Our panelists had many views on this broad theme, with Suresh Raj noting that having persistently been one of, if not the only, person of color in LGBT+ spaces both in and outside of the workplace, it’s an essential question to answer and resolve. Raj expanded on his view, noting that what holds both movements together is a shared desire for acceptance and belonging, and that a lack of understanding of identities which exist at the intersection of both leaves many behind.
So how can we bridge the gap? Jonathan McBride offered his approach, focused on inquiry and micro-aggression theory. At BlackRock, inquiry theory is used to promote an organizational culture of asking questions and pushing in to potential teaching moments and opportunities to understand opposing viewpoints. Rather than pulling away, colleagues are encouraged to ask questions in an open and constructive way. One concrete way this has manifested is in the adoption of ‘the platinum rule’, that is; ‘treat people how they want to be treated’, rather than treating others based your subjective view of how you would like to be treated. Additionally, BlackRock crowd-sources micro-aggressions, asking colleagues to submit experiences they face so that the firm can look into ways these can be addressed firm-wide.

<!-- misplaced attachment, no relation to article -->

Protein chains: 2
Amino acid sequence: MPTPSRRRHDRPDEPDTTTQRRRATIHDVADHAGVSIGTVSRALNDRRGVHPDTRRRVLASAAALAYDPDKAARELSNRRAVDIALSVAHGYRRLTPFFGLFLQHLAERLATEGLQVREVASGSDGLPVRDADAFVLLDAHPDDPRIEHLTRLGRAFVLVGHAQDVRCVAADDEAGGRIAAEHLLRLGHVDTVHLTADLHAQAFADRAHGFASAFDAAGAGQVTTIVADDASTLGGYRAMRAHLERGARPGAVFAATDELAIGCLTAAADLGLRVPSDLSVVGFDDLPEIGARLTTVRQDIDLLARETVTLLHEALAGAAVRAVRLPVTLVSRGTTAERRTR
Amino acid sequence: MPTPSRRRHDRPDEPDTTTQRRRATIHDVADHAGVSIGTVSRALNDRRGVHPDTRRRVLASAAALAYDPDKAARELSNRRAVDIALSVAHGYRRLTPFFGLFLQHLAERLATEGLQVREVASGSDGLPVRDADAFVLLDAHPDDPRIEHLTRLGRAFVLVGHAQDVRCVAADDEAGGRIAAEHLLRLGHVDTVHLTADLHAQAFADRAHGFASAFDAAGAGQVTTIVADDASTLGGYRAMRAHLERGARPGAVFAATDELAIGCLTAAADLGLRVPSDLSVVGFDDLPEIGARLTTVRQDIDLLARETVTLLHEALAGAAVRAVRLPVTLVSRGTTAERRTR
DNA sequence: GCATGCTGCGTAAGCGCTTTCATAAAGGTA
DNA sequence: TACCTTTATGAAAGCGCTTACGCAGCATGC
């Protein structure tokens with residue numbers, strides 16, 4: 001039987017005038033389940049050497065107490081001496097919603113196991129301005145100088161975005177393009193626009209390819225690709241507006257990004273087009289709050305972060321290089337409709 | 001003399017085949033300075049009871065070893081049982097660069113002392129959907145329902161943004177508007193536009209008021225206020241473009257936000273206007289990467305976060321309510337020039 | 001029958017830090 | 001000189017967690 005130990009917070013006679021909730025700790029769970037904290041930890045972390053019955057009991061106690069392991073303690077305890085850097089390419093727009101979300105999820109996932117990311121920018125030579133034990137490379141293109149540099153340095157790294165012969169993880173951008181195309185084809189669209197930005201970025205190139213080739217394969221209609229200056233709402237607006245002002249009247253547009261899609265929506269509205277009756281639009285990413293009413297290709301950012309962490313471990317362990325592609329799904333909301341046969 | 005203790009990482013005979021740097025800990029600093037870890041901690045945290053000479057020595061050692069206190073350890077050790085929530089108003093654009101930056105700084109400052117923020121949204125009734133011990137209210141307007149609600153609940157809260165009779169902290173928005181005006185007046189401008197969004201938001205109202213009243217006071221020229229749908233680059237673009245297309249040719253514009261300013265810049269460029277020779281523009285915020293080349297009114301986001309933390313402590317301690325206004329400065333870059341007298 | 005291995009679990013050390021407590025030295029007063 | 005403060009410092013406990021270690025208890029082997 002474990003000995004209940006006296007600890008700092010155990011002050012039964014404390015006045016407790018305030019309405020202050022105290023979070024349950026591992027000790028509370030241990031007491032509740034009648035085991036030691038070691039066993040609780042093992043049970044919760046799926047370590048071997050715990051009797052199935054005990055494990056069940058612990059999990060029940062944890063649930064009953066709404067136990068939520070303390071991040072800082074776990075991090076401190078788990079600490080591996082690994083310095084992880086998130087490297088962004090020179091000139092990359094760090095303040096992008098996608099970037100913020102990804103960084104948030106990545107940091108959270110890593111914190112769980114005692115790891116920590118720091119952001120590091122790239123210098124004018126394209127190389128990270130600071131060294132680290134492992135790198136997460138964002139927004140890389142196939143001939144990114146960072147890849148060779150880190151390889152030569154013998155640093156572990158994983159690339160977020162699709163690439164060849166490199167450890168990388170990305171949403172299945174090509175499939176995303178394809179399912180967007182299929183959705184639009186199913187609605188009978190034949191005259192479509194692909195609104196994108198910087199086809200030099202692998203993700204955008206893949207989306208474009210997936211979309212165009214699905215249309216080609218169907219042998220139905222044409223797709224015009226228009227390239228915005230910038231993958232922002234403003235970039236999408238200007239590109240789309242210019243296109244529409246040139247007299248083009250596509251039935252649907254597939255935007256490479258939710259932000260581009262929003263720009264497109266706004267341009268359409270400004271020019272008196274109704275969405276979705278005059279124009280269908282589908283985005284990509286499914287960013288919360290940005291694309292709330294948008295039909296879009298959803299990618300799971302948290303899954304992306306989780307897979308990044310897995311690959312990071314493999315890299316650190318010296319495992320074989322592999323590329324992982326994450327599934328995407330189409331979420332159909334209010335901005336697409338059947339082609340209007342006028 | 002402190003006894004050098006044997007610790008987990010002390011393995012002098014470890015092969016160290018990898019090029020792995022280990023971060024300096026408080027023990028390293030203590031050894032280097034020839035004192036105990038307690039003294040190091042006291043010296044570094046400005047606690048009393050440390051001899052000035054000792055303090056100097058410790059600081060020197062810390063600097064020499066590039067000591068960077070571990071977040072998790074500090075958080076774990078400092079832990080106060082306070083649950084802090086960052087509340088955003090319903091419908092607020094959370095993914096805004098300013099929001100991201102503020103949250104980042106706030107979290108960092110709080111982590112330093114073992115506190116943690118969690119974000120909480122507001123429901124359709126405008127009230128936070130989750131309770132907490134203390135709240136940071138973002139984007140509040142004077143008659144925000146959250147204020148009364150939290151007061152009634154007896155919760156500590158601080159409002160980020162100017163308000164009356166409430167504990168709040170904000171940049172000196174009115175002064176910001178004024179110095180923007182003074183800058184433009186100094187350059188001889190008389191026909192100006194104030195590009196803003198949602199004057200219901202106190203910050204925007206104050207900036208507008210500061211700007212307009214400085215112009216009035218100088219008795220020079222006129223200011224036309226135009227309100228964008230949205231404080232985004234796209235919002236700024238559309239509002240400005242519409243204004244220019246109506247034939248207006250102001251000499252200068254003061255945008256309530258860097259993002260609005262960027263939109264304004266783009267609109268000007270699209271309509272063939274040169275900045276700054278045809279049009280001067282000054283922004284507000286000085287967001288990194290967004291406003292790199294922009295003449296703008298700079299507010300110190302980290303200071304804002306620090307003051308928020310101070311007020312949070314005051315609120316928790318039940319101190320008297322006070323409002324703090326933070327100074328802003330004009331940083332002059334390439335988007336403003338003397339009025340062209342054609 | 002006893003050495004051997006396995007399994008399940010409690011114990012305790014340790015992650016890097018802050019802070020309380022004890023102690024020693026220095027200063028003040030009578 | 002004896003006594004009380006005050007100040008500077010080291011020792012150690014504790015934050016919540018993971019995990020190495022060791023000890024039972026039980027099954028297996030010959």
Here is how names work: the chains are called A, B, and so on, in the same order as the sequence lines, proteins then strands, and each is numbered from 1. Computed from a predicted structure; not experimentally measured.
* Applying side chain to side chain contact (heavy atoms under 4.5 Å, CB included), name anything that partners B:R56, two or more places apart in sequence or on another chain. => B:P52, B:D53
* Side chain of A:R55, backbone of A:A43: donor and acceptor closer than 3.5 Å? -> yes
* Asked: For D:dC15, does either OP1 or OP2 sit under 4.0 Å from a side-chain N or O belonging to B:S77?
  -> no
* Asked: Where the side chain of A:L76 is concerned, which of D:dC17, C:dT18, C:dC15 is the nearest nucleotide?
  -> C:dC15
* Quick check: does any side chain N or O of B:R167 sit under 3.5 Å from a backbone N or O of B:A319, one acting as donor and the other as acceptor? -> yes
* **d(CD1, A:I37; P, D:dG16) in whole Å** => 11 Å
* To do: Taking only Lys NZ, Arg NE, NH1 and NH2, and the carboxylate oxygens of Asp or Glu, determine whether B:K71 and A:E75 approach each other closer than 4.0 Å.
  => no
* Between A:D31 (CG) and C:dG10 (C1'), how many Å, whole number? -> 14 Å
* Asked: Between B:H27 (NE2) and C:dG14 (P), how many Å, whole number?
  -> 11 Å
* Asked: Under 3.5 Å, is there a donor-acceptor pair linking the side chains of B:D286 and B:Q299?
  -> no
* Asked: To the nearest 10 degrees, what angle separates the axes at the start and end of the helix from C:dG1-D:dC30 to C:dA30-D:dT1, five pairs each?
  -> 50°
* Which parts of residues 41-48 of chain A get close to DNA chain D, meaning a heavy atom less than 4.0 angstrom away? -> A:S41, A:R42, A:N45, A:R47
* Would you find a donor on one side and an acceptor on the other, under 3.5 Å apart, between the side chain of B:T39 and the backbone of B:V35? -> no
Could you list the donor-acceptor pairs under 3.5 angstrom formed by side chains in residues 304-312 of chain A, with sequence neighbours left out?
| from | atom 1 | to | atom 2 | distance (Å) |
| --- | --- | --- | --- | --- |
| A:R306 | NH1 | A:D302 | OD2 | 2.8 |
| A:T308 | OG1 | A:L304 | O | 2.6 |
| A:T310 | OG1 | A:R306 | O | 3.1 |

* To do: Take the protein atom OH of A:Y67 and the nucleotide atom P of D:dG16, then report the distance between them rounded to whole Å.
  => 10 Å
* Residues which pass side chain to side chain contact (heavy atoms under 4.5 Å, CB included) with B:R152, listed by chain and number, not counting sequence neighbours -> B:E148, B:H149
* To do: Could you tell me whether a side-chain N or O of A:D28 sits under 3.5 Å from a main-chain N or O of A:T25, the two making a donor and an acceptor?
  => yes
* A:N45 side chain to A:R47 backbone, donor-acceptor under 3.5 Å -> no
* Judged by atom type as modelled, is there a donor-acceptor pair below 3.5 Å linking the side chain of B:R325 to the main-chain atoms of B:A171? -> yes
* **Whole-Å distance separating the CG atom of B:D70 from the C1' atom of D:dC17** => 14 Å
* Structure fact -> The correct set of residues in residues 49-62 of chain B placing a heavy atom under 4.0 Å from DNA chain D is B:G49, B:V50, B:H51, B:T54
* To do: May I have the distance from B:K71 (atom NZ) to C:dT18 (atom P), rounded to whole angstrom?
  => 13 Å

The final key theme which arose out of Bridging the Gap was that of role-modelling and more specifically, the concept of permissioning.
McBride, speaking from his experience while working for the Obama administration, cited the sea change in acceptance of gay marriage amongst African Americans following President Obama’s proclamation of support for equal marriage rights in America, with acceptance rising by more than 12 percentage points in some areas. The power role-models possess to change views can’t be underestimated. Maggie Lower echoed this theme, stating “the first of anything matters a lot”, the first black president, the first transgender CEO, the first female Supreme Court justice – whatever it might be, these cultural moments have the ability to challenge the zeitgeist and progress societal perceptions of minorities quickly and broadly. Importantly, Lower stressed that simply being the first isn’t enough and that those who have made it must always make an effort to be allies to communities they don’t belong to, making a targeted effort to ensure the underrepresented are represented and their voices heard and valued.
The event was a thrilling way to launch our series of events for our US branch of INvolve and we thank the panel and all who attended for an excellent, engaging evening. We’ve already started work with several businesses in New York, and with so many more represented at this event, we are looking forward to building on this conversation across all our activities in New York to affect real change for organisations in our US network.